Have you ever noticed when someone seems clueless about how he is perceived by others? This inevitably results in breakdowns in communication, especially from a person who isn’t aware of the problem.
Keep in mind that people want to communicate effectively. After all, they’re not sitting at their desks thinking about how they can be a bad listener in the morning meeting!
It’s your job as the person’s manager, though, to bring these possible blind spots to your employee’s attention. Your goal is to improve the person’s self-awareness, so that he becomes more alert to communication breakdowns.
Giving this kind of feedback isn’t always easy. One way to approach it is to note a particular exchange during the meeting when Brad (our example) wasn’t listening well.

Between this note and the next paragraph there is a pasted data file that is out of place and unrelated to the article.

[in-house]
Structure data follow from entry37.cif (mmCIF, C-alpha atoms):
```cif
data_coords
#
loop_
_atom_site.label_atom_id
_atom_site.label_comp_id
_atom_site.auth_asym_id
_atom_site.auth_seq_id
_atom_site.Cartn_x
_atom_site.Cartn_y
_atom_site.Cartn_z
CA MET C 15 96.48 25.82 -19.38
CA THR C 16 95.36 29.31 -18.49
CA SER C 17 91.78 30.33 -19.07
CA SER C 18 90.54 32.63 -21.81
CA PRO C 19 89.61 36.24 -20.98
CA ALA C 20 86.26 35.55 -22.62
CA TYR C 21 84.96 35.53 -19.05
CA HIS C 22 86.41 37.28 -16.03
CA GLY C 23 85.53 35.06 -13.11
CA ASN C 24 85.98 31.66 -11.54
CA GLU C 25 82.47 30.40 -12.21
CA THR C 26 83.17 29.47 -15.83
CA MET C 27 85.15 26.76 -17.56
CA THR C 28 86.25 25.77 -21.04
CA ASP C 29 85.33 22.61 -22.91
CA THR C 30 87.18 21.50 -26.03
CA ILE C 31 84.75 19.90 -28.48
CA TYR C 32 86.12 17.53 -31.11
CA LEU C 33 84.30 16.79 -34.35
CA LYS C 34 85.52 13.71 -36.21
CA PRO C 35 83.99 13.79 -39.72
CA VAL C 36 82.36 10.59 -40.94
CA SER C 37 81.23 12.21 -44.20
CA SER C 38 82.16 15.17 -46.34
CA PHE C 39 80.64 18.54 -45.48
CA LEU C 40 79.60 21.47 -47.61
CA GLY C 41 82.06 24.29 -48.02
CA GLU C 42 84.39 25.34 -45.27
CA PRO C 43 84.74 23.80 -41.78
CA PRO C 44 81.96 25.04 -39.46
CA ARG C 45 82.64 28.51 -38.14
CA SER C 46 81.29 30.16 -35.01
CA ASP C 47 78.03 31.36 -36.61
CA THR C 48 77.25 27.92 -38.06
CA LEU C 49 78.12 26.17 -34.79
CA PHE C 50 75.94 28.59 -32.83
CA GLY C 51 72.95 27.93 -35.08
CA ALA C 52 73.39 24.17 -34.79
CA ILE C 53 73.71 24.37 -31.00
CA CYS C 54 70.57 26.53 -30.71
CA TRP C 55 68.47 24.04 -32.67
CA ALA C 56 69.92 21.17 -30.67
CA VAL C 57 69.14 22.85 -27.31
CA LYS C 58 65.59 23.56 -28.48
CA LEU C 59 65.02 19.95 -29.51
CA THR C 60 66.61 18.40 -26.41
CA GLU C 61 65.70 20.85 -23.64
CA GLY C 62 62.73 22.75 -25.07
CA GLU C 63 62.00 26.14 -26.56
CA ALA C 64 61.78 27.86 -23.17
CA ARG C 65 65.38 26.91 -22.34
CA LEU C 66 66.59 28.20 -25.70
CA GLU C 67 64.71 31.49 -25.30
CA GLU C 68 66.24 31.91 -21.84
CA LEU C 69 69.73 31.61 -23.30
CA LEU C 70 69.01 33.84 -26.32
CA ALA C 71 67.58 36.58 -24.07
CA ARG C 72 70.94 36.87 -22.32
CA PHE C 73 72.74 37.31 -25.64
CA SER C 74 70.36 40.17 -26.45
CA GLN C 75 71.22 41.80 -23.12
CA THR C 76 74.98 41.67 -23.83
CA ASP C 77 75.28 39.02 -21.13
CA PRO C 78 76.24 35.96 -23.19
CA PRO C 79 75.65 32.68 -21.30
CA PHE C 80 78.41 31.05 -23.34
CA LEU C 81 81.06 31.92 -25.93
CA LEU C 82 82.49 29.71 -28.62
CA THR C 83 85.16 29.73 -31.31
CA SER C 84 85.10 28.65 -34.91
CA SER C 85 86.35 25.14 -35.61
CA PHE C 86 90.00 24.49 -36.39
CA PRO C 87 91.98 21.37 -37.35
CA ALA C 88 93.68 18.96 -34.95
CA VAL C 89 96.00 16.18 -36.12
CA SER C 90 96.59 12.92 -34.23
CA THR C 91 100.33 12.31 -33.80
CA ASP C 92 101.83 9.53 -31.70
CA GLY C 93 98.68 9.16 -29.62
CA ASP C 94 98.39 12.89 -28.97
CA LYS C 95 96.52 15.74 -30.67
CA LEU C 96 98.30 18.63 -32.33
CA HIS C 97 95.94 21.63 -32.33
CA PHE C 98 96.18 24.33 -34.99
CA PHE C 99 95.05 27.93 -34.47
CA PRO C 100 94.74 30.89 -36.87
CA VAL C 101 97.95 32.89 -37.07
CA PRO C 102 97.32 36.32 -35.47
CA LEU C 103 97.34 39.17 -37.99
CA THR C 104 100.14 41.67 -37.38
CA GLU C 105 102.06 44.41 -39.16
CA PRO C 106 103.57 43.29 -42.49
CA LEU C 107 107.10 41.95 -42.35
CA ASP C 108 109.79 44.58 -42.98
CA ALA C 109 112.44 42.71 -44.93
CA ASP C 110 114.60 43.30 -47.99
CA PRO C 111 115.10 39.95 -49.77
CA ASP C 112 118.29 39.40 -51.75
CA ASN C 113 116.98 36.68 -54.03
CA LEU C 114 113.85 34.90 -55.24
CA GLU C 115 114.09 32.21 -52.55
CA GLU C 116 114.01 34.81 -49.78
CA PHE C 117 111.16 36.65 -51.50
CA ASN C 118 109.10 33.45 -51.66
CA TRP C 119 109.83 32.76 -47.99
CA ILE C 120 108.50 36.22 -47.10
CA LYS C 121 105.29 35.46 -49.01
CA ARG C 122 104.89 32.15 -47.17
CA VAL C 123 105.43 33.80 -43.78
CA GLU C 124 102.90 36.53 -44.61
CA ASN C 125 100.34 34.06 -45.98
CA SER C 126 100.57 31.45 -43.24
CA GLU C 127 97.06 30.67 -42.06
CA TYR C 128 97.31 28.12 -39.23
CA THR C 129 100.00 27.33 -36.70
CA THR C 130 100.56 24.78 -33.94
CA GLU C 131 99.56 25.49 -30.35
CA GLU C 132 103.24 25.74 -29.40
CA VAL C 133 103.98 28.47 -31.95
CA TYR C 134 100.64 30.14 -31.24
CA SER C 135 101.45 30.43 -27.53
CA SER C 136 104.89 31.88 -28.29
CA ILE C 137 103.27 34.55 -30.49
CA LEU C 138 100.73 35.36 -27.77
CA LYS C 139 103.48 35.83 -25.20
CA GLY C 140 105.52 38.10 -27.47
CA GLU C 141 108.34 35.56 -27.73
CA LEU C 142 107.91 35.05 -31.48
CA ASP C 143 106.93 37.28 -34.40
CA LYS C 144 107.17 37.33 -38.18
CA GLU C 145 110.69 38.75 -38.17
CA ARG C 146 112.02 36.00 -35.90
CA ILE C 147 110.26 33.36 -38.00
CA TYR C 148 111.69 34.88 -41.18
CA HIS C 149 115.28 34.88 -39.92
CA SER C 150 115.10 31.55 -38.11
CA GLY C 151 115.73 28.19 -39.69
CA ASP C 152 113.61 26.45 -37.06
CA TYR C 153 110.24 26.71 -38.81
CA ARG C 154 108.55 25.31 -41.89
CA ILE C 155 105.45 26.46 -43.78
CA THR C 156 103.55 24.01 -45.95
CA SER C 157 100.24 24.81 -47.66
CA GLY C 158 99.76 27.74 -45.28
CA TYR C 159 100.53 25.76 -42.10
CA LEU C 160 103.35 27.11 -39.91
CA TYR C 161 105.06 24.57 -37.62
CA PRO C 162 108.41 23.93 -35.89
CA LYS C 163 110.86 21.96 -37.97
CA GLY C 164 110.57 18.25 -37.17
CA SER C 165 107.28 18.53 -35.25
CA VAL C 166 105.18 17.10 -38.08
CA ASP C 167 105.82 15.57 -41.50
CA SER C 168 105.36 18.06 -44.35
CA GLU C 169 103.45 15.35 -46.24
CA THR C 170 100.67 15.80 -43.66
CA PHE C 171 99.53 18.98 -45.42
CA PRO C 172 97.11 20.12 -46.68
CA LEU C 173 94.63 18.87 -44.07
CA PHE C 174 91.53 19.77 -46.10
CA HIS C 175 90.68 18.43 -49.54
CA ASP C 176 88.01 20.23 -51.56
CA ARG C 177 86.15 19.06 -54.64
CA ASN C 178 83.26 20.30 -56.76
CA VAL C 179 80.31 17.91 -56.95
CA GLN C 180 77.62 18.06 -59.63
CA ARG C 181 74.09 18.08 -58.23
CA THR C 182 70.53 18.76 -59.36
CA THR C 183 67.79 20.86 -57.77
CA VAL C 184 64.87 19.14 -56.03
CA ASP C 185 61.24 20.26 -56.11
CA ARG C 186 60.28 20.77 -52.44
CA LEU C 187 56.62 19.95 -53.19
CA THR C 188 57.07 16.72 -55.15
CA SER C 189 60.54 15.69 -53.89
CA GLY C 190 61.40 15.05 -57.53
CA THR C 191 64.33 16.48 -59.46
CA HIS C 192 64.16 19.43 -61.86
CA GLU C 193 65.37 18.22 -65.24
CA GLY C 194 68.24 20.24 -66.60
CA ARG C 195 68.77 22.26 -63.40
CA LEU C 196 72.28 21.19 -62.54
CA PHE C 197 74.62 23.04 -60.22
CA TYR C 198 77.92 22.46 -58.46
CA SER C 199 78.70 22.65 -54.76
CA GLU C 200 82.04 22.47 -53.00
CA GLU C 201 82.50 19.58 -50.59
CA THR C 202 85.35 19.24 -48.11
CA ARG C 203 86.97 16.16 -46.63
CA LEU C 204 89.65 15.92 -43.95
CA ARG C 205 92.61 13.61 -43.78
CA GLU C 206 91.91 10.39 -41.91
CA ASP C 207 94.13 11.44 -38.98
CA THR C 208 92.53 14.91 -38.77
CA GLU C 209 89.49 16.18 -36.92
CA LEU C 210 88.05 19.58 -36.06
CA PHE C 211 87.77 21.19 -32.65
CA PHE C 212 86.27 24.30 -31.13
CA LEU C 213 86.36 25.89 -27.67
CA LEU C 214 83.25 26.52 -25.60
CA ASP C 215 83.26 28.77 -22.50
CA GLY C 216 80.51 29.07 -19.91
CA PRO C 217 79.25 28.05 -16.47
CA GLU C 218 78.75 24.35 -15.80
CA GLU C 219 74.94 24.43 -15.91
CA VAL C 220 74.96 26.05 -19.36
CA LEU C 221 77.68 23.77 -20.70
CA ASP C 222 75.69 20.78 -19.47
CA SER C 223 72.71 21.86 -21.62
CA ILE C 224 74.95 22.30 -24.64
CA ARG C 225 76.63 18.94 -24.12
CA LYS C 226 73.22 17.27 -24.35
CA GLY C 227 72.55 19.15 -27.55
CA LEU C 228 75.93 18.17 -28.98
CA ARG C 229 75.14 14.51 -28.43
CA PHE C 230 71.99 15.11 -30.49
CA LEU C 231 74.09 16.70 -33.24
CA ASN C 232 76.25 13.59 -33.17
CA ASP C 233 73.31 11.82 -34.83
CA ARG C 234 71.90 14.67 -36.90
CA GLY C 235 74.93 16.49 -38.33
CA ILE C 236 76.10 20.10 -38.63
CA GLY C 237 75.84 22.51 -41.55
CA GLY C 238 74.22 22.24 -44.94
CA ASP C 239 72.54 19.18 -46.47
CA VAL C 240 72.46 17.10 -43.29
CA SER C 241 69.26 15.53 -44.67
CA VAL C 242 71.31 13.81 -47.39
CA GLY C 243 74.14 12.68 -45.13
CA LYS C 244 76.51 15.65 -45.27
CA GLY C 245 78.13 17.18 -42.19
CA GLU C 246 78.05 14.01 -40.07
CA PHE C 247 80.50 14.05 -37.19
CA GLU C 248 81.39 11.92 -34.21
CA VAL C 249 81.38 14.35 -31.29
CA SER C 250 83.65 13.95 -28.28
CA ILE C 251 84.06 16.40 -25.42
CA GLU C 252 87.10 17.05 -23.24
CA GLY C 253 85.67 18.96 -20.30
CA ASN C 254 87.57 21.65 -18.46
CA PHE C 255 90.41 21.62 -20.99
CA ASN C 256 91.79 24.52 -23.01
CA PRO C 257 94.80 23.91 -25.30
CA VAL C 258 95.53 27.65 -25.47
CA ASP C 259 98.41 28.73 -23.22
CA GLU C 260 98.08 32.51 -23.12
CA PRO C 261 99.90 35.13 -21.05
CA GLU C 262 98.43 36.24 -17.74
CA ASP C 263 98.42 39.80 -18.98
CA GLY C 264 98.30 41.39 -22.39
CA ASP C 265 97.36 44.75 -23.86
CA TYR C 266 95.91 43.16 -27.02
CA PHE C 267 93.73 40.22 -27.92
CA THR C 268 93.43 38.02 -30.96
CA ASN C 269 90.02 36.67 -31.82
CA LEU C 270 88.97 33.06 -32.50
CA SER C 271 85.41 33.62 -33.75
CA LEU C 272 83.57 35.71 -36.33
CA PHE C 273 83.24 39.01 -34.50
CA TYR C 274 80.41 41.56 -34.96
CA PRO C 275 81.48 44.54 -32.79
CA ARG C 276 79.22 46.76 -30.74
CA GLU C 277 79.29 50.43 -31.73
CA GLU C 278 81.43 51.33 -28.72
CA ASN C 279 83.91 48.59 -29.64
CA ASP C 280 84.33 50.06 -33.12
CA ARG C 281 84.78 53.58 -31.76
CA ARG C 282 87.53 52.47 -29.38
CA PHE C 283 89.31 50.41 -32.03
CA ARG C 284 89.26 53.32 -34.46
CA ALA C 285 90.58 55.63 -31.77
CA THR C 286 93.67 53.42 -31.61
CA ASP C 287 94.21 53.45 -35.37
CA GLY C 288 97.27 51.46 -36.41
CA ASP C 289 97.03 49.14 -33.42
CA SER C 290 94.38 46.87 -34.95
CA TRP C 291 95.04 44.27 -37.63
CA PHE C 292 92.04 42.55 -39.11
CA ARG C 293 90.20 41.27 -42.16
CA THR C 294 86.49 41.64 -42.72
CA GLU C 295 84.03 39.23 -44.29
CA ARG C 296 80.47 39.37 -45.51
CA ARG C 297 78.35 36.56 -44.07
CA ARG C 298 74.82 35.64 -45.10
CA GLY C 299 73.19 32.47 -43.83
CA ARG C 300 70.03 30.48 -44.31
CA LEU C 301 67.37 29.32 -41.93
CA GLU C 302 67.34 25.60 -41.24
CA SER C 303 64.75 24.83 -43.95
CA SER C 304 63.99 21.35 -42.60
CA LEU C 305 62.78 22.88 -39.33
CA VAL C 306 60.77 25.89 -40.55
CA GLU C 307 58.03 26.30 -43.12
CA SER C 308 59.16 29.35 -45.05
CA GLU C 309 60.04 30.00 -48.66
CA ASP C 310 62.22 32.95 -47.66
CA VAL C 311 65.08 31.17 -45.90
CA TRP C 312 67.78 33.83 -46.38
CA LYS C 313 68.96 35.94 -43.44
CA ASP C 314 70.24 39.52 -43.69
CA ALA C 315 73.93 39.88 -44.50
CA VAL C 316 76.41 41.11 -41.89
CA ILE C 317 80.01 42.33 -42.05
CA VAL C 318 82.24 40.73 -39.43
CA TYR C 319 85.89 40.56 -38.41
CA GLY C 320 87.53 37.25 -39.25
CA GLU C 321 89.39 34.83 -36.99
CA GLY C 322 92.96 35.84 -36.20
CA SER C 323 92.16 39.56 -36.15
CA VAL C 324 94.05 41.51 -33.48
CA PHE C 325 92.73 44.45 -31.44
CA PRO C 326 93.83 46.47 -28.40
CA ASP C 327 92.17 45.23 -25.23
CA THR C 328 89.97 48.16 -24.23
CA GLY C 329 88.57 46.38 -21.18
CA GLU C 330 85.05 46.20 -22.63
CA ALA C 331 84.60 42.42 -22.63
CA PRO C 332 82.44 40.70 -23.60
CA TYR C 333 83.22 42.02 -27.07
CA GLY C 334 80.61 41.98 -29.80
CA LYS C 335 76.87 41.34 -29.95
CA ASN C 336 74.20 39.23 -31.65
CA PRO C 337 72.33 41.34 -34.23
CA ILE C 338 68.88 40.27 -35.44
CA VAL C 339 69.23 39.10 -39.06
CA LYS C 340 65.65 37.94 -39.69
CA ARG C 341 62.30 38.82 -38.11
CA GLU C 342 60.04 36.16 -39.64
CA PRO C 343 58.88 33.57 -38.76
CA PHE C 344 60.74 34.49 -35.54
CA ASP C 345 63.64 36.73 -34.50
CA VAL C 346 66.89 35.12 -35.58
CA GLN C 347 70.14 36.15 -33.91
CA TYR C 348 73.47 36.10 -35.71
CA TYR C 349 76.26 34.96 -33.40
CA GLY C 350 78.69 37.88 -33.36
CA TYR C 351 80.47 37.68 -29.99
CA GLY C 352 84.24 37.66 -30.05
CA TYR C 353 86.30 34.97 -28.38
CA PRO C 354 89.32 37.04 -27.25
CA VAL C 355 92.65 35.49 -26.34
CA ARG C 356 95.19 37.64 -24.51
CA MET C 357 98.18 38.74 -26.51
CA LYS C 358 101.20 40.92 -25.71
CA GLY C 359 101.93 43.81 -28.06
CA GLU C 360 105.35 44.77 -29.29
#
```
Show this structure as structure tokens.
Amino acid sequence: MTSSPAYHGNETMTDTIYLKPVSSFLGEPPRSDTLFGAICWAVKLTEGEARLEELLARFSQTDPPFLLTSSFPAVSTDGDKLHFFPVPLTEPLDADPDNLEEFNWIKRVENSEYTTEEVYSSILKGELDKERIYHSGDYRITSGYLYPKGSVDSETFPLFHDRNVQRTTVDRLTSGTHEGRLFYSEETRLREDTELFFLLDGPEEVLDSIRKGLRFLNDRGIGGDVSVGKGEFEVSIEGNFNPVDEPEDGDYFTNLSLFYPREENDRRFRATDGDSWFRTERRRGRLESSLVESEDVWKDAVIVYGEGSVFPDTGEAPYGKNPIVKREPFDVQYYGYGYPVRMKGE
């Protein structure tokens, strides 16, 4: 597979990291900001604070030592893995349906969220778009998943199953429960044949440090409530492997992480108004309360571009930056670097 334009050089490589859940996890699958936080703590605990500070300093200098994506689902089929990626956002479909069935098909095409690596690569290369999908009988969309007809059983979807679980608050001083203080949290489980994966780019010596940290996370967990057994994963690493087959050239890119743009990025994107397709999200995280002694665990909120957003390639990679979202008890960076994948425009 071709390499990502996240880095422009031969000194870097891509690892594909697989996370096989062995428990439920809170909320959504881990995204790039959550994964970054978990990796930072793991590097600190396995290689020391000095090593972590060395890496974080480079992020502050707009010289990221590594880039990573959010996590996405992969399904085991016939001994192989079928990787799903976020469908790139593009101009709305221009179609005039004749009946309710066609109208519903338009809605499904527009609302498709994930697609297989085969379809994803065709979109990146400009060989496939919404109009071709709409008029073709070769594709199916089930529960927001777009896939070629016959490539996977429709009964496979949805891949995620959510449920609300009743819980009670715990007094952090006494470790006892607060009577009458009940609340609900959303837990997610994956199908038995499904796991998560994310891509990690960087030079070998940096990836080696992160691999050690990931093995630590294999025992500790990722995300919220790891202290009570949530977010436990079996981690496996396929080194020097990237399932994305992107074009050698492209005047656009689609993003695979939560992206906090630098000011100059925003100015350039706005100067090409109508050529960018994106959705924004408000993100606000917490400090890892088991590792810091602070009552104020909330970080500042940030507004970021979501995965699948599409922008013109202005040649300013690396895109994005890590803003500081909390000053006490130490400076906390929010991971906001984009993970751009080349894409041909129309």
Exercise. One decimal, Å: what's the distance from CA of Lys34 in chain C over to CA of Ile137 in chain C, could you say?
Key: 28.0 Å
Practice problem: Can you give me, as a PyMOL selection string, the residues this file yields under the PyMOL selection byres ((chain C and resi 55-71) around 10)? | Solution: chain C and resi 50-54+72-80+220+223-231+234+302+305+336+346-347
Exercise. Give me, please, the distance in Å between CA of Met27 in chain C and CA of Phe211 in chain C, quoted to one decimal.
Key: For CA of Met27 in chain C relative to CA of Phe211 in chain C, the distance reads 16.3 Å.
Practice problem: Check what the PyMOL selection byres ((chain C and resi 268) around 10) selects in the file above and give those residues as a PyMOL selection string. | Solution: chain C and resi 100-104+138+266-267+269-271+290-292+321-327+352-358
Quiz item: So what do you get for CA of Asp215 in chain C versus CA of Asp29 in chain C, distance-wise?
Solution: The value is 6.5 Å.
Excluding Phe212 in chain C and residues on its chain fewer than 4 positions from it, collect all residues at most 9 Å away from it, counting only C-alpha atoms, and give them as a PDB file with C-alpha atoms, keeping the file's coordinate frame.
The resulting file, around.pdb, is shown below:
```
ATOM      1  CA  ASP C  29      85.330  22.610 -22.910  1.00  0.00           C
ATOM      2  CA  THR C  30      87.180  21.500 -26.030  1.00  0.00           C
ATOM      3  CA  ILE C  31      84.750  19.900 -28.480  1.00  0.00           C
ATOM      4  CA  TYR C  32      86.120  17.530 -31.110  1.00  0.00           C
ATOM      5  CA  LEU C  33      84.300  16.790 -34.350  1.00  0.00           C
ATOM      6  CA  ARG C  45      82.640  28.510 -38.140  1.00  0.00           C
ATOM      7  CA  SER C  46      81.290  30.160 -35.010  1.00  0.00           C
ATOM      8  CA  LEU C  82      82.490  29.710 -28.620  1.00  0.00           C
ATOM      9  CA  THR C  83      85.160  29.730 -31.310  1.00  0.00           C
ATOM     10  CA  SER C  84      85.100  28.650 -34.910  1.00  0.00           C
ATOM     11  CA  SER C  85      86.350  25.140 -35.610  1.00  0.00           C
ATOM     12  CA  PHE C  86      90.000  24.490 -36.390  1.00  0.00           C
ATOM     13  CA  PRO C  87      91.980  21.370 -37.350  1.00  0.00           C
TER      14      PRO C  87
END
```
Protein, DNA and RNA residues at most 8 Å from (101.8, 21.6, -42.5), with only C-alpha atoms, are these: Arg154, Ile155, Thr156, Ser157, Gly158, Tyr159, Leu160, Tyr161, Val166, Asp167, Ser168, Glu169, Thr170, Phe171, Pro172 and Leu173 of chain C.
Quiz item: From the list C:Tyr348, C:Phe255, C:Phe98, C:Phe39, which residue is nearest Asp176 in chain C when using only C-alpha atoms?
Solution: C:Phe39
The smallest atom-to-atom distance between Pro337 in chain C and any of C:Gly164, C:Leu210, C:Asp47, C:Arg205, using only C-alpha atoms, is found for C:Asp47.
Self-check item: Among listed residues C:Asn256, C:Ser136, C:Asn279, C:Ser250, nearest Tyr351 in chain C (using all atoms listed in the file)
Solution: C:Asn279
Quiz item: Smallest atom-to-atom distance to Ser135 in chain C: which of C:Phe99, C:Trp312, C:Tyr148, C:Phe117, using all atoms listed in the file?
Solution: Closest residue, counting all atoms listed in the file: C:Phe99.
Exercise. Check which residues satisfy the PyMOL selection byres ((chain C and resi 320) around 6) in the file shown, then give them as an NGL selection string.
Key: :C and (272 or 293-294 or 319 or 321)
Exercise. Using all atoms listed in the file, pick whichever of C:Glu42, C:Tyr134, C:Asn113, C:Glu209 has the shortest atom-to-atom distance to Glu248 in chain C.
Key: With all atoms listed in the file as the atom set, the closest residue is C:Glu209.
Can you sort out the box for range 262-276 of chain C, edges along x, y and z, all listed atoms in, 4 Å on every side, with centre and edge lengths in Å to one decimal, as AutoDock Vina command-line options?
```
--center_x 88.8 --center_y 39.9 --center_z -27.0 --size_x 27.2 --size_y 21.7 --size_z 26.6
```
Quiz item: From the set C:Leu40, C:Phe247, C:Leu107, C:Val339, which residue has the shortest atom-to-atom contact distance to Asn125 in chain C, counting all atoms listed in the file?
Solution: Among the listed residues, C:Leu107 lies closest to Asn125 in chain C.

Start your discussion with Brad by referencing the episode and asking him a question about some aspect of the issue in question. Use this as the trigger to probe about how he perceives that he responded.
Make sure you are non-judgmental but clarify that he needs to pay better attention by listening more attentively and then responding more appropriately. You can then discuss different ways he could have approached the situation, leading him to a better understanding of effective listening skills.
Helping your employees improve in such areas can be delicate. You don’t want to deteriorate into a “you said this, she said that” scenario, because Brad will only become defensive. This isn’t about right and wrong; it’s becoming more aware of behavior and a starting point for improvement.
One final thought: the next time you’re in a group setting and Brad demonstrates improvement, make sure you acknowledge it. This will reinforce that self-awareness that you’re helping him to build.